Photo Essay: Ptah-Sokar-Ausir Nears Completion
The completed color on the inner panel showing the God Ptah-Sokar-Ausir rising before the Henu Ark: on the icon panel of “Ptah-Sokar-Ausir“~ an original Kemetic icon by master iconographer Ptahmassu Nofra-Uaa/ Panel 1 of The Sacred West Triptych
Several months of intense labor are almost reaching their end as this week sees the final touching up on the inner icon panel or “deity house”, and the beginning of work on the outer panel. There are noticeable “holes” still to fill on the inner panel, but these are the settings for the precious and semi-precious stones (onyx, sardonyx, obsidian, opal, and fire opal) and Austrian crystal elements that will grace the netjer’s regalia and the five-pointed gold stars within the pet, “sky” hieroglyph above the netjer’s head.
The creation of this icon is far from being the straightforward layering of paint on a panel; this is a highly intricate work of craftsmanship involving a number of materials and techniques, including the build up of detailed bas-reliefs using liquid gesso, gilding with 22 karat gold, and final installment of precious and semi-precious stones. In total, this icon will have demanded more than eight months of dedicated work when the completed panel is ready for museum archival framing, and ritual awakening as a true cult image inhabited by the deity.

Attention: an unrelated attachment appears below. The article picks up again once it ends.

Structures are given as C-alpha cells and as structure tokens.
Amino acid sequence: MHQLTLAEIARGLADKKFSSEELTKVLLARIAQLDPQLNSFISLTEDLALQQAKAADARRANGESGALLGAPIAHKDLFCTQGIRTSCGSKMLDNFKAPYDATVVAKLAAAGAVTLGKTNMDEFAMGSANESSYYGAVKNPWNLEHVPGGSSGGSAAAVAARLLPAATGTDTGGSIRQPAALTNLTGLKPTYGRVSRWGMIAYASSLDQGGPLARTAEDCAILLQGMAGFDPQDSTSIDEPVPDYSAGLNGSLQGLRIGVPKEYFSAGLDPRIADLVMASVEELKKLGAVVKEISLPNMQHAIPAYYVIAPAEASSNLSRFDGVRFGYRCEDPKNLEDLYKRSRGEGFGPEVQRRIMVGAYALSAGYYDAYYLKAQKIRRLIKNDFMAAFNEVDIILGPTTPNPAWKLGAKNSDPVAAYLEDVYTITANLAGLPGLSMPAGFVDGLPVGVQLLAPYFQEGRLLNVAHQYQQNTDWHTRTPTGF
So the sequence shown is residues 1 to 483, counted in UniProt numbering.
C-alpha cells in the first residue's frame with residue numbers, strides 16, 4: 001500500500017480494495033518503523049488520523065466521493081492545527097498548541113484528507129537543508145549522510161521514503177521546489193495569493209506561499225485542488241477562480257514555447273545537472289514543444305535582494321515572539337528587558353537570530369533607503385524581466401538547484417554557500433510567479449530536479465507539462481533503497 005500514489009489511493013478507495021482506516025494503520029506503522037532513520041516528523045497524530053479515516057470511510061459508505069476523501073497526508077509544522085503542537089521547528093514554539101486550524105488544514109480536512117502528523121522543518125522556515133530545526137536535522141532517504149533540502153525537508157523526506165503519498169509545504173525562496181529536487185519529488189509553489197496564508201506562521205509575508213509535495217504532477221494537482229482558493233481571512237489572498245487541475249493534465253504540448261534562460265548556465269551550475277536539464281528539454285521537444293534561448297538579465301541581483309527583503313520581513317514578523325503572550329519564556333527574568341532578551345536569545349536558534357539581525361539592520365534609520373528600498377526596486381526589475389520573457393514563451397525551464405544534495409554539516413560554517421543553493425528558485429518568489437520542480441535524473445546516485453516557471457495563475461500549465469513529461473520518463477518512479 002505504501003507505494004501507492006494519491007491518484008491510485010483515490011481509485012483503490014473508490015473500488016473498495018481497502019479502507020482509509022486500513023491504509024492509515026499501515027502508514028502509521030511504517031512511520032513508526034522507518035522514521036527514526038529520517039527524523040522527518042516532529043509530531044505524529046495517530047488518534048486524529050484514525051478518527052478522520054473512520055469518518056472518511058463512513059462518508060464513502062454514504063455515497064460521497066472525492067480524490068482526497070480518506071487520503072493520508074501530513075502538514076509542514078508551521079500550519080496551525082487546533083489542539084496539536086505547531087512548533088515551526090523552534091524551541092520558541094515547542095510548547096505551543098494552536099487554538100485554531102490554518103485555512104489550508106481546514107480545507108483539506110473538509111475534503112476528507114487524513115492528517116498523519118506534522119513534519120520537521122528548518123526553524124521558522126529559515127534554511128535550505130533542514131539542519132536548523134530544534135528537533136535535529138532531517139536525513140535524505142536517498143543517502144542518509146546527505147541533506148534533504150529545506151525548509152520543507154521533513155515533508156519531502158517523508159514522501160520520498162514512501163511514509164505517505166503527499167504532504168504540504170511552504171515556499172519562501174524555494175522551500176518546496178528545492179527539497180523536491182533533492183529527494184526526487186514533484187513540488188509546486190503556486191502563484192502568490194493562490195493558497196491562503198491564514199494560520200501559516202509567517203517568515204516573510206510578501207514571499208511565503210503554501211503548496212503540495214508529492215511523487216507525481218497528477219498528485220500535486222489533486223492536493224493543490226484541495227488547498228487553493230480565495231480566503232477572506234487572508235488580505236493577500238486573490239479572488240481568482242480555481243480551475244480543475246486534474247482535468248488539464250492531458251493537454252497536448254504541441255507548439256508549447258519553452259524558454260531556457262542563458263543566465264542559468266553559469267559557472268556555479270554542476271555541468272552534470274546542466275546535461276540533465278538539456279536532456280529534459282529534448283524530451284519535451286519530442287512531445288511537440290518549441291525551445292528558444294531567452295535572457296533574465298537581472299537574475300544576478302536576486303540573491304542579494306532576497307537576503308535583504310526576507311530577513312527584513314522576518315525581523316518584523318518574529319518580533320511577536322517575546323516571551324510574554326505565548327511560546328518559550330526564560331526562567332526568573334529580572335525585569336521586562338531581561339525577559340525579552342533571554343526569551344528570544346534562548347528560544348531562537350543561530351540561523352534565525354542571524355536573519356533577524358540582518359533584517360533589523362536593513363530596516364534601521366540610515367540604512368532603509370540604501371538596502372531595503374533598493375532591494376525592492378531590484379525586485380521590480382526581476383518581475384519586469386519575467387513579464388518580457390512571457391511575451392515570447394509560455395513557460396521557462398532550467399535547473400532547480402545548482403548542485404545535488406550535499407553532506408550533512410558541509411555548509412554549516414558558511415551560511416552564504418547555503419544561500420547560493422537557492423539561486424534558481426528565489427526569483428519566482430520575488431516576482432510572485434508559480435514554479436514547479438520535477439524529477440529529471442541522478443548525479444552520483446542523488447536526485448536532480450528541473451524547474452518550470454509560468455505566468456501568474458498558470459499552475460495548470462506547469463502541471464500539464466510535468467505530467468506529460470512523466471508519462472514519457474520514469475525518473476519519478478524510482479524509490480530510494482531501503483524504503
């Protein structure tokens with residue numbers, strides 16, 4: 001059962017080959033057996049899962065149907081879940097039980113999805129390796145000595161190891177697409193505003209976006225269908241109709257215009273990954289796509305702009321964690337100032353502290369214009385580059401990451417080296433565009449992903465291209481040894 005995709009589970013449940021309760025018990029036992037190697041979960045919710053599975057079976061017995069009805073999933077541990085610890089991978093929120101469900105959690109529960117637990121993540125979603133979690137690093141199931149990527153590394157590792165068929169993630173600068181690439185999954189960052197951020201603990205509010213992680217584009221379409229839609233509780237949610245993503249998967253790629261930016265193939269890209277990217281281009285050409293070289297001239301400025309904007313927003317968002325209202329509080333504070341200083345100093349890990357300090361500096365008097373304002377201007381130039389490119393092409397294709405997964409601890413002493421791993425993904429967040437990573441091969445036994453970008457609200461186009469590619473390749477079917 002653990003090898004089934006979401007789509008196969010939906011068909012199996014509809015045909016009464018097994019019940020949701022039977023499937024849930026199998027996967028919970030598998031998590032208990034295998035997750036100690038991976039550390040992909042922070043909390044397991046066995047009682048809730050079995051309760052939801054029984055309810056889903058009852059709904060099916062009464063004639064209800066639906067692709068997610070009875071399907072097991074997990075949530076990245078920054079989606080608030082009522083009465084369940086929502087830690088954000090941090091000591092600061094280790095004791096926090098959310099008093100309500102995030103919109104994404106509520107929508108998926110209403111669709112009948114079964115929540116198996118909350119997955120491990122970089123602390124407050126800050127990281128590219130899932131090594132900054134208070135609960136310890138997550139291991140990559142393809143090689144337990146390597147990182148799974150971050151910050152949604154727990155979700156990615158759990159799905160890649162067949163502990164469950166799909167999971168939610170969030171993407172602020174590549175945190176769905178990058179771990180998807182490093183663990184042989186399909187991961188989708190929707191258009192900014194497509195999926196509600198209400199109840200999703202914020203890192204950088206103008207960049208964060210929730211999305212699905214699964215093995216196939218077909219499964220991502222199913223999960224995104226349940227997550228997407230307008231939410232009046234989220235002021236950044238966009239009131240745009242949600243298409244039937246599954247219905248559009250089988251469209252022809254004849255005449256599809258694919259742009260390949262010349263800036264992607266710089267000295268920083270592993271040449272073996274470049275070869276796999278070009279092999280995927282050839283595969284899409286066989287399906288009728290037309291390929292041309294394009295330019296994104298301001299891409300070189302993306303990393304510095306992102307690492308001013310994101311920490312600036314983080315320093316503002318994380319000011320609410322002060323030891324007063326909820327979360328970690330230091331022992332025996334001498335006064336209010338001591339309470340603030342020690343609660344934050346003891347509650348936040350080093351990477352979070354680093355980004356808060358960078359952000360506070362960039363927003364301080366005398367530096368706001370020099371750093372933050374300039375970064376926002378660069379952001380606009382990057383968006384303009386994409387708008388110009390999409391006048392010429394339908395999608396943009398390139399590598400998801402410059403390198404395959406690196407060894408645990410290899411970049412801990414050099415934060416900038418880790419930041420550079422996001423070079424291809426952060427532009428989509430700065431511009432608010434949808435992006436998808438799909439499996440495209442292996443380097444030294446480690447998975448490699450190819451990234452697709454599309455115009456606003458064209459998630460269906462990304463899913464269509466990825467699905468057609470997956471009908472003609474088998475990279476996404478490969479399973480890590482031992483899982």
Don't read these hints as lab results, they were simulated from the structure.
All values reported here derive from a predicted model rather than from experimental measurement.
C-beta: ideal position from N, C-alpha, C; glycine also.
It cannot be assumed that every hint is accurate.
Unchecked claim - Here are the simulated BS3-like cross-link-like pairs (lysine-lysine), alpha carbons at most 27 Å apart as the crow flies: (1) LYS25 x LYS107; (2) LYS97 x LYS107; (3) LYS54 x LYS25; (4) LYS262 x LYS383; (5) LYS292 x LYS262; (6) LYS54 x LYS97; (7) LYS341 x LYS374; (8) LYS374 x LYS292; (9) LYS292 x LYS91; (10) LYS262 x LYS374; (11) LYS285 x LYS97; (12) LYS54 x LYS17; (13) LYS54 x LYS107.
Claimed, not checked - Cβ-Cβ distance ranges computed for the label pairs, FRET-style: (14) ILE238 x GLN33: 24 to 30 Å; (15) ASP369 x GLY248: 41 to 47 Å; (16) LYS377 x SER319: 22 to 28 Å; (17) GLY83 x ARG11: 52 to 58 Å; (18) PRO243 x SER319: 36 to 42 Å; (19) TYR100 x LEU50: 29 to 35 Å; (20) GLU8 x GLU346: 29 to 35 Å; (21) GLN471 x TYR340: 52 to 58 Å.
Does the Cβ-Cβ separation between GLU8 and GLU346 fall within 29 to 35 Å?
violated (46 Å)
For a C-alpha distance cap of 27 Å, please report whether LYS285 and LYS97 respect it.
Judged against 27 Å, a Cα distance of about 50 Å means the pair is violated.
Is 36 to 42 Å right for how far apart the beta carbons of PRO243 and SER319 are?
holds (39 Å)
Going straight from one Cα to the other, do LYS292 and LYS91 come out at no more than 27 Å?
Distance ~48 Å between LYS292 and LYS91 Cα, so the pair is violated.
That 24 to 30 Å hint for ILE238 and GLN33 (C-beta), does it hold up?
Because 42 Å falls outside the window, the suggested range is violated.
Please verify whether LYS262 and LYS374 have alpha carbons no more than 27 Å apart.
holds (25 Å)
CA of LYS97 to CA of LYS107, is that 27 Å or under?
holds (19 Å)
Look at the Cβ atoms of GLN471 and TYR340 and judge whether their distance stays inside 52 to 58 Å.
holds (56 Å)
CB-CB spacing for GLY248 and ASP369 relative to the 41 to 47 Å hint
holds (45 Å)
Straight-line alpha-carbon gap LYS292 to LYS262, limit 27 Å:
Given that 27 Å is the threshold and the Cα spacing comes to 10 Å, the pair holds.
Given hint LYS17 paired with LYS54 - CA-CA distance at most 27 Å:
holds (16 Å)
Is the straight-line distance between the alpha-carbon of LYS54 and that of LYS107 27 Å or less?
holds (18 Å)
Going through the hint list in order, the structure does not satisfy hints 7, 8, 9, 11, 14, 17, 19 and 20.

My current work on the outer panel has begun with the arrangement of the sacred texts comprising the netjer’s primary names and epithets, which are first sketched out lightly in pencil before being built up into intricate raised reliefs in gesso, and then gilded with 22 karat gold. In the center position on both sides of the outer panel, a rearing cobra goddess encircles the space where highly polished scarab beetle cabochons of Indian sardonyx will be set in gold. Once the gilding of the hieroglyphs has been completed, the entire outer panel will be detailed with pigment of genuine lapis lazuli.
Below is a set of (non-professional) pictures taken from varying angles and in differing light sources (both natural and artificial), showing the completed inner panel of the Ptah-Sokar-Ausir icon, and the outer panel with the beginnings of the hieroglyphs sketched lightly in pencil.